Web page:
I pray for a fire. It would break the monotony of telephone rings and the buzzing of the damned lights.
Later, the girls stand in front of the open refrigerator, slightly feral: slices of cheese torn from plastic, pickles from the jar, a swig of Hershey’s syrup, jelly scooped out with a finger.
For Witches Ohio, 1994 Here is a language for witches. No. Here is a language for high school. No. Here is magic in all its occult guises. No. Here is high school in all its occult guises. No. Here is a hallway in a high school. The floor is gray linoleum. Lockers line the walls.... Continue Reading →
Dollar Store, Yes The checkout girl is fecund with child, and her neck is so finely dappled with the unmistakable constellations of hickies that when she asks you if you want more (more chips because you have one bag, and it’s two for one), you automatically say “yes,” because clearly this girl is teaching you... Continue Reading →
To My Ancestors To My Ancestors, Down the street around the cul-de-sac are the purple flowers that are shaped like snap-dragons except somehow prettier. I do not think they grew when you were here. // In the summer I am a browning leaf. I hear my bones crack and crumble underneath the smooth white soles... Continue Reading →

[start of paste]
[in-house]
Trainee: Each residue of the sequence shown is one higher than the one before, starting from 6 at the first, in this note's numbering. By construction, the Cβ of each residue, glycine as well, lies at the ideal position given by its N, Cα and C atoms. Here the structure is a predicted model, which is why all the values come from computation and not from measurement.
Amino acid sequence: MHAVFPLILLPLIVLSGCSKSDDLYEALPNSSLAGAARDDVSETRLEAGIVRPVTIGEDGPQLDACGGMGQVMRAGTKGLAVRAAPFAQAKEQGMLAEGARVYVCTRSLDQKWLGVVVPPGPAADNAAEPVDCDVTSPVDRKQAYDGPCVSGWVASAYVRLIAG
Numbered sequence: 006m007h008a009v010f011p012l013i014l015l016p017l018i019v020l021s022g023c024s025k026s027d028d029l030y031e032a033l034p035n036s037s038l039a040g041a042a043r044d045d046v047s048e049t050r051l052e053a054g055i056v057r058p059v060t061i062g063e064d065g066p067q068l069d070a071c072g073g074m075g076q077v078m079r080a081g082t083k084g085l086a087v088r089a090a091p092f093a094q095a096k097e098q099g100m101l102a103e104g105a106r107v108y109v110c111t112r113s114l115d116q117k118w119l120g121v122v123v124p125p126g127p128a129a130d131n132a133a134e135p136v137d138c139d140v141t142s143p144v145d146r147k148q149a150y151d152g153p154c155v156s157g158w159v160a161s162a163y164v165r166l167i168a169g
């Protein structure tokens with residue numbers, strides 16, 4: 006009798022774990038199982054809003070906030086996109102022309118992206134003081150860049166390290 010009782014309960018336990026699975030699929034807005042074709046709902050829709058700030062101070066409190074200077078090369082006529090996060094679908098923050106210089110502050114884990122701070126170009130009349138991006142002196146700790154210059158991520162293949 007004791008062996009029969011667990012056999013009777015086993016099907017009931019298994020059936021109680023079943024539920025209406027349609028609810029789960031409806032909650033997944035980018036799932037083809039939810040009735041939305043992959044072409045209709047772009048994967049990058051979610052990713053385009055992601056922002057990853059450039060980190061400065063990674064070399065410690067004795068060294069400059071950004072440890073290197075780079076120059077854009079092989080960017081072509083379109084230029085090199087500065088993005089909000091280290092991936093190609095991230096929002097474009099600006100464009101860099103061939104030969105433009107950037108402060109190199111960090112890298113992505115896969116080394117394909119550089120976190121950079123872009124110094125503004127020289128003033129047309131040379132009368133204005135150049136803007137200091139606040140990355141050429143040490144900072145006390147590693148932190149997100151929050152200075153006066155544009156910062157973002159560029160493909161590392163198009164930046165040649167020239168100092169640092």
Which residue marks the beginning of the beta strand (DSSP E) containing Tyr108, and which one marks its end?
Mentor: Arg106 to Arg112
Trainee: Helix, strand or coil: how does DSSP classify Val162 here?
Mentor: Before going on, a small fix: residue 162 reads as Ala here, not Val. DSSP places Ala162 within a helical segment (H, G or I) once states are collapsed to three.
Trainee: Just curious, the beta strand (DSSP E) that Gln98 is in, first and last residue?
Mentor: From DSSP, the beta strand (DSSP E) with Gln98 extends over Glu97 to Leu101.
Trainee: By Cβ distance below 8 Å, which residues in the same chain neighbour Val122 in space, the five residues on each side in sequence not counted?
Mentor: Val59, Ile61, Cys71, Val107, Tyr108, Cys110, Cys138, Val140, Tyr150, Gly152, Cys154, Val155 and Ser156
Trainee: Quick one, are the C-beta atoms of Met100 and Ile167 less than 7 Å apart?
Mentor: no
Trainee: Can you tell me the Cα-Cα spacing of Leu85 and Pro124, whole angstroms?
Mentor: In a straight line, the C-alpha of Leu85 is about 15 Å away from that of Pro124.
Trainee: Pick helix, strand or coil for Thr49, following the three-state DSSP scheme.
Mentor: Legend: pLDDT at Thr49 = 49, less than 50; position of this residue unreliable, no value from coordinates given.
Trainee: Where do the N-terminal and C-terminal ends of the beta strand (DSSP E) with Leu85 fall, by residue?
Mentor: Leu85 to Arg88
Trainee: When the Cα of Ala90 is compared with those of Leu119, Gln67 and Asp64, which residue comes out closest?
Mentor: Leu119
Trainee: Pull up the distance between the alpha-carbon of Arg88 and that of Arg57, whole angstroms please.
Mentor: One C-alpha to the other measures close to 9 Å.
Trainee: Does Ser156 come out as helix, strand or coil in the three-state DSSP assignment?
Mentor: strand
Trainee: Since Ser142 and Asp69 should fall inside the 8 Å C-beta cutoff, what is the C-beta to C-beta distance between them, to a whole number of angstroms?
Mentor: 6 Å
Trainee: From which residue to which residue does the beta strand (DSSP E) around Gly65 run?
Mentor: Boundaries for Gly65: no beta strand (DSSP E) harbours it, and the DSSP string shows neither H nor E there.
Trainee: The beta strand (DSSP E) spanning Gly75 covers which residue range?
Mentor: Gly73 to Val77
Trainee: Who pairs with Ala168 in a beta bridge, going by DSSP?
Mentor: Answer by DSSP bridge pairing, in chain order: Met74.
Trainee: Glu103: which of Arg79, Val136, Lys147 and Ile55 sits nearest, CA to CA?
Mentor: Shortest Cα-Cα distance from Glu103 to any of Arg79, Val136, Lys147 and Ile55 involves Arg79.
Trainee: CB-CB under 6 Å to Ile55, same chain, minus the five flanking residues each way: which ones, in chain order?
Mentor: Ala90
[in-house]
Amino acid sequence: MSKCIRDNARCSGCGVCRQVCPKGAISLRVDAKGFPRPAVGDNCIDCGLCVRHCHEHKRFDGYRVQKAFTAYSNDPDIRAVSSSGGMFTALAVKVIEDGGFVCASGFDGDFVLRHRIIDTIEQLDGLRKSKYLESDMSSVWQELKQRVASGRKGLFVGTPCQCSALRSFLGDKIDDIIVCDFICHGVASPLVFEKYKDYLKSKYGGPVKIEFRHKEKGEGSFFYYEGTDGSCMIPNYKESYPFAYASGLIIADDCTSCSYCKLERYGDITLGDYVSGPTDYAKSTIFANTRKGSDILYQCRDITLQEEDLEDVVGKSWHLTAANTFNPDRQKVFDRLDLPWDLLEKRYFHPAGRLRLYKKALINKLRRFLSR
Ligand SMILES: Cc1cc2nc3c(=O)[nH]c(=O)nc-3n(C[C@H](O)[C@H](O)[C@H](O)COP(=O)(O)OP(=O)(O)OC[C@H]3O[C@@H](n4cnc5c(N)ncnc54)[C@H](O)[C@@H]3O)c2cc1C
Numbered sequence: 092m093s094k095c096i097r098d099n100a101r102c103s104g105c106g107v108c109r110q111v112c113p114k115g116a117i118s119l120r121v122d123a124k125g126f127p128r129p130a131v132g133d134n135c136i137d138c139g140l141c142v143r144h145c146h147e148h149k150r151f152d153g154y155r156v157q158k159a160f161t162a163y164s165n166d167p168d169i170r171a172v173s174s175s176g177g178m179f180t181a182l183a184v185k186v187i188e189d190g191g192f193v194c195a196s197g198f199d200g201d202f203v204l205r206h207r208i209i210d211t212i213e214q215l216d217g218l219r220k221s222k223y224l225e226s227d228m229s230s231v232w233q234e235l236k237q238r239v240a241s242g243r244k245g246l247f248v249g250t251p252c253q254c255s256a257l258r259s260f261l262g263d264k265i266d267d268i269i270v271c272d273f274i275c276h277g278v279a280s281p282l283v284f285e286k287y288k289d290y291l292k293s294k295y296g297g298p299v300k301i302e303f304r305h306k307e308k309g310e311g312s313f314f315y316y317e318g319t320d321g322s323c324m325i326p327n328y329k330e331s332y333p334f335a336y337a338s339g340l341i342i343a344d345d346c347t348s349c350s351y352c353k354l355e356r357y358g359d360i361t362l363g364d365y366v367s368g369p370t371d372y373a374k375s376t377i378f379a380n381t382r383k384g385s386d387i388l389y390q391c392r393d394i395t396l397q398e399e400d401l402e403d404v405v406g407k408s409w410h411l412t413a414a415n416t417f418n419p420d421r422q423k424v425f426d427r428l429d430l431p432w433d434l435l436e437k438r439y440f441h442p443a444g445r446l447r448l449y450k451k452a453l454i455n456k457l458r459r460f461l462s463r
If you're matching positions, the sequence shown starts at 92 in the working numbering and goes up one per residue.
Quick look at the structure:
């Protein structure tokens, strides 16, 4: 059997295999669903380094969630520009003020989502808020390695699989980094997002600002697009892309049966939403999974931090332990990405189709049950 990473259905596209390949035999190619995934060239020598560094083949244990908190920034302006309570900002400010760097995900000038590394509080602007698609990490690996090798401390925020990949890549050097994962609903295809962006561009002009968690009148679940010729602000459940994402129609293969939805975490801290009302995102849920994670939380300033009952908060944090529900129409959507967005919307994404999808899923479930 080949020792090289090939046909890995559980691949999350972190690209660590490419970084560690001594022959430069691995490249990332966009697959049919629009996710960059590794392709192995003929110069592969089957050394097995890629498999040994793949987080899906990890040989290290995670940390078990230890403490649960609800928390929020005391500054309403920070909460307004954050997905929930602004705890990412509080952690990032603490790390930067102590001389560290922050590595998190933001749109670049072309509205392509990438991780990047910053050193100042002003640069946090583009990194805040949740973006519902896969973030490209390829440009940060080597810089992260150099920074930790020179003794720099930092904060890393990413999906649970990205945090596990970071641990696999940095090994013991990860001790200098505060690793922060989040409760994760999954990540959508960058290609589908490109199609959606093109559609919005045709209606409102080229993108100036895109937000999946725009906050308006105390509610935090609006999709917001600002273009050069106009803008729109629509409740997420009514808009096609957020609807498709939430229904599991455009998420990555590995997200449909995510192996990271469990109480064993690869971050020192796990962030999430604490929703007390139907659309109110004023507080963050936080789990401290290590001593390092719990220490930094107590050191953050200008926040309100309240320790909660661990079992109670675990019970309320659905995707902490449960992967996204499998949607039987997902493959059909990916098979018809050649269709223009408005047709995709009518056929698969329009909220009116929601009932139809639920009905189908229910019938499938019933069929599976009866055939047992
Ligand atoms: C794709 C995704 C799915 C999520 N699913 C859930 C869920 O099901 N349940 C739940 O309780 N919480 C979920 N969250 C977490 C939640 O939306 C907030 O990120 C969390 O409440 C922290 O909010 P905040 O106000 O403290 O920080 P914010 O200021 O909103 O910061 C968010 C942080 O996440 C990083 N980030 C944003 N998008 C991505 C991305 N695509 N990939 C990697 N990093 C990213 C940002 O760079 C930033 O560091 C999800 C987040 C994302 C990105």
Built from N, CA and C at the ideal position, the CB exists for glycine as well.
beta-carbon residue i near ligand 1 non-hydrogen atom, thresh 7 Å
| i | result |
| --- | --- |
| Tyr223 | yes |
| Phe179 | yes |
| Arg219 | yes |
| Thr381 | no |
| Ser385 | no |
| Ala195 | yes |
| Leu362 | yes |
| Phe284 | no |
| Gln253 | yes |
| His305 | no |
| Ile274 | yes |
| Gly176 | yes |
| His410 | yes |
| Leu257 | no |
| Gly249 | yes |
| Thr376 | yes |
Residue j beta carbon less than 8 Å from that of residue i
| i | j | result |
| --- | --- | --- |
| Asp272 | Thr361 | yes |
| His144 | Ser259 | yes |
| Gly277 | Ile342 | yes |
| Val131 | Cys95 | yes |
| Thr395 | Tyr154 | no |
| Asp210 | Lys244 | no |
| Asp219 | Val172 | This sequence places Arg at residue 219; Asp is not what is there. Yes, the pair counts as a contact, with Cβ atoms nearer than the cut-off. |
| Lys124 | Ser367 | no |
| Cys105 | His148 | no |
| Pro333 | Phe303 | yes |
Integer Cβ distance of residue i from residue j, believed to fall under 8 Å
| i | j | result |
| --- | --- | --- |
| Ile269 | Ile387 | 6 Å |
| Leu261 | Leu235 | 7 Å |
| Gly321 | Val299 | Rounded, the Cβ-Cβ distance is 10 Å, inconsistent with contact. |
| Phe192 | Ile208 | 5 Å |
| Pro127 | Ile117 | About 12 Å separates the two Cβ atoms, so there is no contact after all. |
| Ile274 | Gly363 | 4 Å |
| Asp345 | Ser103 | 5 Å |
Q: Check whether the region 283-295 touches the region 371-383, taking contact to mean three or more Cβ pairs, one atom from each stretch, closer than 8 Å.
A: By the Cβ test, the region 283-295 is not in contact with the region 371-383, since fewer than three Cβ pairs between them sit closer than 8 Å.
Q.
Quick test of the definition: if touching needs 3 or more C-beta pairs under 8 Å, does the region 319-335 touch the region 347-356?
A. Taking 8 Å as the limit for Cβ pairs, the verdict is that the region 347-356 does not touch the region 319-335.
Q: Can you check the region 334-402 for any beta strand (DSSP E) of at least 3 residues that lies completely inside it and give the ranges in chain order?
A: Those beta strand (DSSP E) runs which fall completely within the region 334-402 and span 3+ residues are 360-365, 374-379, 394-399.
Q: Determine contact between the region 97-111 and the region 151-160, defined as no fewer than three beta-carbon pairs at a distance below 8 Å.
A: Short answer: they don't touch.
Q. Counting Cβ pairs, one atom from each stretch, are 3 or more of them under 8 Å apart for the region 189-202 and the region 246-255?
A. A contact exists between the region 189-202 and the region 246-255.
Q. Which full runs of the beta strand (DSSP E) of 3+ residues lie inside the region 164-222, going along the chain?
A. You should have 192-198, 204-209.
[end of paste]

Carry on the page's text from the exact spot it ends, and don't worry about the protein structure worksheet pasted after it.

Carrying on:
Thanksgiving, 1996 It’s a generous memory. My uncle holding crystal, delivering on the joy of family; his wife, my aunt, looking through the turkey one day after discovering her marriage vows had been violated. My father drunk again, my mother worried, her hand nervous at his side, trying to take a hold of his... Continue Reading →
by Anna Sandy-Elrod Anne Champion’s The Good Girl is Always a Ghost inhabits, identifies, praises, and laments the multifaceted, complex nature of womanhood. Champion writes odes to women—Sandra Bland, Amy Winehouse, Billie Holliday—and poems in their personas—Indira Ghandi, Bettie Page, Eva Perón—in a way that devastates, humbles, and breathes life into women across history, across... Continue Reading →
Animals Of Failed Memory—Ghosts Certain—situations, occurrences, certain people—I've tried very many times to forget. & I've failed each time. & there are certain things a man cannot forget whether they want to or not. It isn’t a man’s decision to make, maybe God’s. I was promised by one of my *fathers, He said he'd... Continue Reading →
by Cecilia Savala In Dots & Dashes, Winner of the 2016 Crab Orchard Review Series in Poetry Open Competition Award, Jehanne Dubrow speaks to other military families in the voice of academia and to academics in the voice of a Navy wife. Her poems, written in strict form like military rules, mirror the posture of... Continue Reading →
MOTHING Not long ago, I wanted nothing more than for him to pay as much attention to me as he does to moth genitalia. Hiking into remote ridges, rigging the white sheet and black light, sitting outside through the night, face up close to the swaying sheet. Empty vials quickly become flutter-filled, shaking, then still.... Continue Reading →